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Herb “forts” and other companion plantings

In her summer garden tour, our gardener Arlene describes the configuration of the plantings in specific beds as herb “forts.” This clever name refers to the protective barrier created around different varieties of vegetables; the herbs create a protective barrier because they either repel or attract harmful or beneficial insects. Companion plants can also be effective for other reasons; for example, plant sunflowers next to beans because beans enjoy the partial shade provided by the sunflowers’ foliage. To download the pdf of Arlene’s Summer Garden Tour visit our website and click on the link to the tour on the homepage.

Specifically in our garden this summer, Arlene discusses the English thyme/garlic chive “forts” that have been planted around the yellow crookneck and rĂªve scallopini squashes. Thyme is a beneficial companion plant because it helps to control whitefly which can be harmful to squash, and because garlic chives contain the same essential oil as garlic, its smell is displeasing to aphids, flies, and mosquitoes. The photo below shows the yellow crookneck squash surrounded by the garlic chives.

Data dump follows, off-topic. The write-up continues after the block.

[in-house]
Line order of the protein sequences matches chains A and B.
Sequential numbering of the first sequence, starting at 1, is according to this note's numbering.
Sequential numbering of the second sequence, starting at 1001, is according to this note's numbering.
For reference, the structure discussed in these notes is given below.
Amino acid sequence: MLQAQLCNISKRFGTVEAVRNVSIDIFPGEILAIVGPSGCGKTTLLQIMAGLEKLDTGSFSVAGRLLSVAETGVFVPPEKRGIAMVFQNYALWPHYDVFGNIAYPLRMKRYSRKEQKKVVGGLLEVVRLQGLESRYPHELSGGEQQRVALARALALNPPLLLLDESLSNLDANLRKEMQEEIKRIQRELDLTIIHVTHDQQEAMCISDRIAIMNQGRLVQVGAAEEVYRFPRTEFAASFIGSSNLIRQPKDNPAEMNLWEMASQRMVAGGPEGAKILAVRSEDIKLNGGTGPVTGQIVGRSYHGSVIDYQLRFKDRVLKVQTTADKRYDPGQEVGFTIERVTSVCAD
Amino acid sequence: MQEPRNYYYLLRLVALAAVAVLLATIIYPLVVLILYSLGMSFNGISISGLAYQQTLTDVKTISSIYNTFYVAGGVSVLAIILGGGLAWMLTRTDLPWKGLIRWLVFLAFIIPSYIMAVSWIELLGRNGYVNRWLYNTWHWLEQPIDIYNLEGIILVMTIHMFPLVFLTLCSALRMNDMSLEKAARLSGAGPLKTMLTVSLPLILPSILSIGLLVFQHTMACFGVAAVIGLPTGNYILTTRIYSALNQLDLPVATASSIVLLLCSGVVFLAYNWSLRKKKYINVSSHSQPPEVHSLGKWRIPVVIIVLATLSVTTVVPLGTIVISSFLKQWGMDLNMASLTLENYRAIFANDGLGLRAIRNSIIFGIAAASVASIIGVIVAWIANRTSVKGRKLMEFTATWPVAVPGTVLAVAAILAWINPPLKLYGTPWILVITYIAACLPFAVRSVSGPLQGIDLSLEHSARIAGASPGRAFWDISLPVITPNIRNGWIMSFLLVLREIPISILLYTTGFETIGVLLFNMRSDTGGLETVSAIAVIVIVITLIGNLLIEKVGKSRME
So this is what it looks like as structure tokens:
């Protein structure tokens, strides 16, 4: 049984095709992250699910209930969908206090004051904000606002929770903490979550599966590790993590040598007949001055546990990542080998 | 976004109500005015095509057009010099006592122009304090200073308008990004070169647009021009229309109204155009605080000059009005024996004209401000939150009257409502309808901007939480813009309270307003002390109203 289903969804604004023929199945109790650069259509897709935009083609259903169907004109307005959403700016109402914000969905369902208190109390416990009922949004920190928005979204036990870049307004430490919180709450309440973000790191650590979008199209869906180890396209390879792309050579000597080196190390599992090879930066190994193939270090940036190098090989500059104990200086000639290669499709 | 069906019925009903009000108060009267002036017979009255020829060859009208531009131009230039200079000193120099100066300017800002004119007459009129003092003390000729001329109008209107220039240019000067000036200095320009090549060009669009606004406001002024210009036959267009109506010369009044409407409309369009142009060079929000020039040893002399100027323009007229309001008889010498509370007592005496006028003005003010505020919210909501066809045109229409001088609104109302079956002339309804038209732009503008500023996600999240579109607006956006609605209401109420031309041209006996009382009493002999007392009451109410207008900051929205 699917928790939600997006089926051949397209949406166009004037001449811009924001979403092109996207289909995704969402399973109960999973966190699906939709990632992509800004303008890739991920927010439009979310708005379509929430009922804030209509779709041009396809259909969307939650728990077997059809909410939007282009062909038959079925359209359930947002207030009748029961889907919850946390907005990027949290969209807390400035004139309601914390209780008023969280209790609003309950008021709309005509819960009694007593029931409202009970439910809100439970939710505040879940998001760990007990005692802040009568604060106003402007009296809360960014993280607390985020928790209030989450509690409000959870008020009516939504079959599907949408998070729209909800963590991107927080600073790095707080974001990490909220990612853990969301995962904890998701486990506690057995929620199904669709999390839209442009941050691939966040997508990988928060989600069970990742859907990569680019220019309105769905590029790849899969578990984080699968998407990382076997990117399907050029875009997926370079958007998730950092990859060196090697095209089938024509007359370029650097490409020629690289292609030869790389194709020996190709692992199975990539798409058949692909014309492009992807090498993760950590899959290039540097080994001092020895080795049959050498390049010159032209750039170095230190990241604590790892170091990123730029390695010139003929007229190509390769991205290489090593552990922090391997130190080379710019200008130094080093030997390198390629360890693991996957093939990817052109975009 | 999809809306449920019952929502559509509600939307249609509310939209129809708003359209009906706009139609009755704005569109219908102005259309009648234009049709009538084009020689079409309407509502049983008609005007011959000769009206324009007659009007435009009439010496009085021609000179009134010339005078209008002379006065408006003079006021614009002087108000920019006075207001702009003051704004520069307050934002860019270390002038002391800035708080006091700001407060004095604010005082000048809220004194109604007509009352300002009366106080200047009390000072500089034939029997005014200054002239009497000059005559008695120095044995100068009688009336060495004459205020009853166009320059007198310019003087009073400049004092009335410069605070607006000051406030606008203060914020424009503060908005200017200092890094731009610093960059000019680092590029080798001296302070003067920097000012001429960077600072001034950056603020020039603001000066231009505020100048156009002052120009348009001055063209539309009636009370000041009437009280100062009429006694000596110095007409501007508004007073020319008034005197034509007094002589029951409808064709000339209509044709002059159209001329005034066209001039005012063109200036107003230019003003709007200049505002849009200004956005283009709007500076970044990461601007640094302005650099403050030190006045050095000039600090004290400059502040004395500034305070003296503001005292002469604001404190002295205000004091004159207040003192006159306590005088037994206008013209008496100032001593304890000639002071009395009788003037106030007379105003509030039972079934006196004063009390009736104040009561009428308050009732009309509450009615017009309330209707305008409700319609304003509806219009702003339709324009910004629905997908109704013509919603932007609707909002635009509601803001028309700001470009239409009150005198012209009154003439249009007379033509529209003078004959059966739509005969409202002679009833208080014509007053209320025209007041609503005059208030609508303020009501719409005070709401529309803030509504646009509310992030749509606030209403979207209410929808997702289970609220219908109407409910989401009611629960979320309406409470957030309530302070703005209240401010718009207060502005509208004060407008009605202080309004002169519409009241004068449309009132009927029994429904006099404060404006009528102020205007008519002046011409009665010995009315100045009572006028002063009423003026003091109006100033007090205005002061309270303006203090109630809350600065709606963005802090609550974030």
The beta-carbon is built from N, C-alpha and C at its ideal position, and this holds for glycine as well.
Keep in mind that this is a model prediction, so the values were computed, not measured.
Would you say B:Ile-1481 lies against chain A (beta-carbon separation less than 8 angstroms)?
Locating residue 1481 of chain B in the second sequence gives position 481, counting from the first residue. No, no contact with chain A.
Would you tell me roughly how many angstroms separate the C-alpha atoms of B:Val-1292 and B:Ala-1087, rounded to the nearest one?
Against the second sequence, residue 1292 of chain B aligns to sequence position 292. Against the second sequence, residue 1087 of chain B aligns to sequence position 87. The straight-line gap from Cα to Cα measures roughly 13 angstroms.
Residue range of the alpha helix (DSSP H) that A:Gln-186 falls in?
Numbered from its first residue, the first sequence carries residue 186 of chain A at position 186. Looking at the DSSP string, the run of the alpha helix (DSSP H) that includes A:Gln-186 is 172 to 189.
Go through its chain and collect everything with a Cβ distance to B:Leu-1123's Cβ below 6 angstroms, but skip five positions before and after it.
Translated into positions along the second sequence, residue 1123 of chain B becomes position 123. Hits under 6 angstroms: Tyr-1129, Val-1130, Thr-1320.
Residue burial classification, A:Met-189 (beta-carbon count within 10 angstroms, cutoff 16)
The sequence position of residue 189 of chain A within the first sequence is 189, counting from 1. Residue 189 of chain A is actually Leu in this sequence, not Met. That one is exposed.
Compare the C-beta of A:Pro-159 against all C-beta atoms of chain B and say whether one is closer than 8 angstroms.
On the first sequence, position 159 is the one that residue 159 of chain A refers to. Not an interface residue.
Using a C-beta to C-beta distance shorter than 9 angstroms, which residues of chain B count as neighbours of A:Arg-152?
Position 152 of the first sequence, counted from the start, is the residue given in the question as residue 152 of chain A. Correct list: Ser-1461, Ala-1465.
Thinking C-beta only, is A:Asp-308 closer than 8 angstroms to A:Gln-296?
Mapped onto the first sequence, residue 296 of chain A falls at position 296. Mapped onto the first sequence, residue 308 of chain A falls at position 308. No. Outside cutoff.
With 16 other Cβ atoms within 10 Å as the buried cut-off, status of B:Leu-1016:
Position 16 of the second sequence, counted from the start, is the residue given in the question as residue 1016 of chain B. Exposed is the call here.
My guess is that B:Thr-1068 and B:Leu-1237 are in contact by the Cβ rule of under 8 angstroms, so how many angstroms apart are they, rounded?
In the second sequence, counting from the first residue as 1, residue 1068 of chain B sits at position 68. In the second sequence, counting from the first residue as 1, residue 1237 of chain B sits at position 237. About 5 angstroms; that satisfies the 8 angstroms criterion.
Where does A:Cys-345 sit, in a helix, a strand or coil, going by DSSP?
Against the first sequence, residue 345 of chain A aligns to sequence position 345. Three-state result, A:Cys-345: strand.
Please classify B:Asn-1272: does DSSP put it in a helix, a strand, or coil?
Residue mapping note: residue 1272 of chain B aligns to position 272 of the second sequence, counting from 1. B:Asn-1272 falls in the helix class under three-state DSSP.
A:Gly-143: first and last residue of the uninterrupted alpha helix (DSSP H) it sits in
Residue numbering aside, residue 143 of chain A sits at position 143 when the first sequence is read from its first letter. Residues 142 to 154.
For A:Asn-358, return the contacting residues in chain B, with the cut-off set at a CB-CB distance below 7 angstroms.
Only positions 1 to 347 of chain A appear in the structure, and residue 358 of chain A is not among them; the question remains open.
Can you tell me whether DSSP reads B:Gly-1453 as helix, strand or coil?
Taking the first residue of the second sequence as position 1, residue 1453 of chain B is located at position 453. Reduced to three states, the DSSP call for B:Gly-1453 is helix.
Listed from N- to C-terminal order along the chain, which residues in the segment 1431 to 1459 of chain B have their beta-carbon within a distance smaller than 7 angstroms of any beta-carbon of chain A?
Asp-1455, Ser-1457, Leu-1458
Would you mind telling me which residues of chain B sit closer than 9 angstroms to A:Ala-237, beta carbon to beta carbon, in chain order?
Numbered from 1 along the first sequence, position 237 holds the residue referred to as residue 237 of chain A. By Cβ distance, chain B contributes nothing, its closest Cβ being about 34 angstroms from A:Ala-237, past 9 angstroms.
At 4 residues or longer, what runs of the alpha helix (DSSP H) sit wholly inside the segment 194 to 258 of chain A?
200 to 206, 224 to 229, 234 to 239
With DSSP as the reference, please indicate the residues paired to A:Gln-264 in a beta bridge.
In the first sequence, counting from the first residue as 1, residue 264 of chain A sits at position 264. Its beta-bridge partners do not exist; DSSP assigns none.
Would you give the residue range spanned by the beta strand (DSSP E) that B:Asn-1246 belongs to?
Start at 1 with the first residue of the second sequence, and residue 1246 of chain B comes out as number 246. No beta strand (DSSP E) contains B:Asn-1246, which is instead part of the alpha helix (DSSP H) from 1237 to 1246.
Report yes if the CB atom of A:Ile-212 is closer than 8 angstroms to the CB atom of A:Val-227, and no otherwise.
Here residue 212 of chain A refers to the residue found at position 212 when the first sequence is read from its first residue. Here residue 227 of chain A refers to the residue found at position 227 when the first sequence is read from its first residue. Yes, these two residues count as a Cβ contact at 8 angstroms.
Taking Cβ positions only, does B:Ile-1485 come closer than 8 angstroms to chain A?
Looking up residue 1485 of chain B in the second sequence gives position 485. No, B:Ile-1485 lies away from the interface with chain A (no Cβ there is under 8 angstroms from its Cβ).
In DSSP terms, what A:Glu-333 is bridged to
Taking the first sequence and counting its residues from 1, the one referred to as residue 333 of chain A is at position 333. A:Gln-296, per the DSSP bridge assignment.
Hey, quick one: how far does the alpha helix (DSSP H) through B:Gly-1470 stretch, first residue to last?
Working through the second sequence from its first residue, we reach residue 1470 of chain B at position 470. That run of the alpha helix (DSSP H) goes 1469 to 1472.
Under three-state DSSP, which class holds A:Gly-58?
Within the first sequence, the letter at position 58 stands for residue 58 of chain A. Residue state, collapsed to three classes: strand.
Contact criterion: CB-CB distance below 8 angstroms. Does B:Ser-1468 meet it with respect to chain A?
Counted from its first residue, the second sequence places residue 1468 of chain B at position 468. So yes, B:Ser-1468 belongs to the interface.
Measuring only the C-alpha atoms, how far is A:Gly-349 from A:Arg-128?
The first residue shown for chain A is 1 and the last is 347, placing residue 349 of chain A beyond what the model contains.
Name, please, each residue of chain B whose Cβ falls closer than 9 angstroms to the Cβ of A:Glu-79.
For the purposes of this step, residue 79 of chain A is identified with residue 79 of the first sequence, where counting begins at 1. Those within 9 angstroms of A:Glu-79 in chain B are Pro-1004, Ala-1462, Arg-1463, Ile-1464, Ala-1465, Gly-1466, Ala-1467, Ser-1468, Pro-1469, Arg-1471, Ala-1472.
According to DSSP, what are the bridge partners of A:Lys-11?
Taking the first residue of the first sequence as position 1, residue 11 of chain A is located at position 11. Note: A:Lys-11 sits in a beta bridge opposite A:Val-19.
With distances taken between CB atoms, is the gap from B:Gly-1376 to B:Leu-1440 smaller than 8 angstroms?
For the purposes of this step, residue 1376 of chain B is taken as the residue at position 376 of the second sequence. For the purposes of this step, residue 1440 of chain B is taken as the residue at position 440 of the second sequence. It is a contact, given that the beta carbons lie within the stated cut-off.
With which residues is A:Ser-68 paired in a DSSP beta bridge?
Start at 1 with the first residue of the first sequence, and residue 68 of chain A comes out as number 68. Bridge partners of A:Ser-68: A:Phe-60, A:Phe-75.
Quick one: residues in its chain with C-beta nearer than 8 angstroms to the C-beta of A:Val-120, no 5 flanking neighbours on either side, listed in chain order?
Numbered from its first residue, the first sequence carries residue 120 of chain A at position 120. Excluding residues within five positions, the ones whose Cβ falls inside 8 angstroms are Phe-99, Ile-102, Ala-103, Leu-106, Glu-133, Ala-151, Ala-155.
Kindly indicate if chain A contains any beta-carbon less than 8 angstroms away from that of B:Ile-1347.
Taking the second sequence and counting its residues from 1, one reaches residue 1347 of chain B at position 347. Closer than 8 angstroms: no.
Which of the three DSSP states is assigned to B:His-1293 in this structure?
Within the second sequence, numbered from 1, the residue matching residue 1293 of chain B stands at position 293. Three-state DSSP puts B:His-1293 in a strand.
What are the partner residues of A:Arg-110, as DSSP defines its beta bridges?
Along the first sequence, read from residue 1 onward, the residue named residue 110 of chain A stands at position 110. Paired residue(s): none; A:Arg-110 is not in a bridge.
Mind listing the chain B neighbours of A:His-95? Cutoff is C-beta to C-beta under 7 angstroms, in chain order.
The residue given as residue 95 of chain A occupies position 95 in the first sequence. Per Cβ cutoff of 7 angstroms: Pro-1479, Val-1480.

The other benefit to utilizing companion planting in your garden is that it decreases the need for pesticides or herbicides. Companion planting is a critical aspect of organic gardens. According to Kelle Carter of Seeds of Change, “Organic gardening is composed of numerous aspects that make up a whole interconnected system. This system relies upon insects, birds, shade, sun, and all other aspects of a living and working community. By growing numerous types of crops you create habitats for beneficial insects or animals, deter problem pests, and enrich your soil to create a living ecosystem of beneficial bacteria and helpful fungi.” Read Carter’s article about companion plants here; the article is an excellent overview and also includes a chart of plants, their companions and their effects.

You can also visit the Good Life Garden website for detailed information about the crops we have planted currently. We provide information about companion planting and pest management, nutritional information, historical facts, and how to plant, grow and prepare the edibles in your garden.

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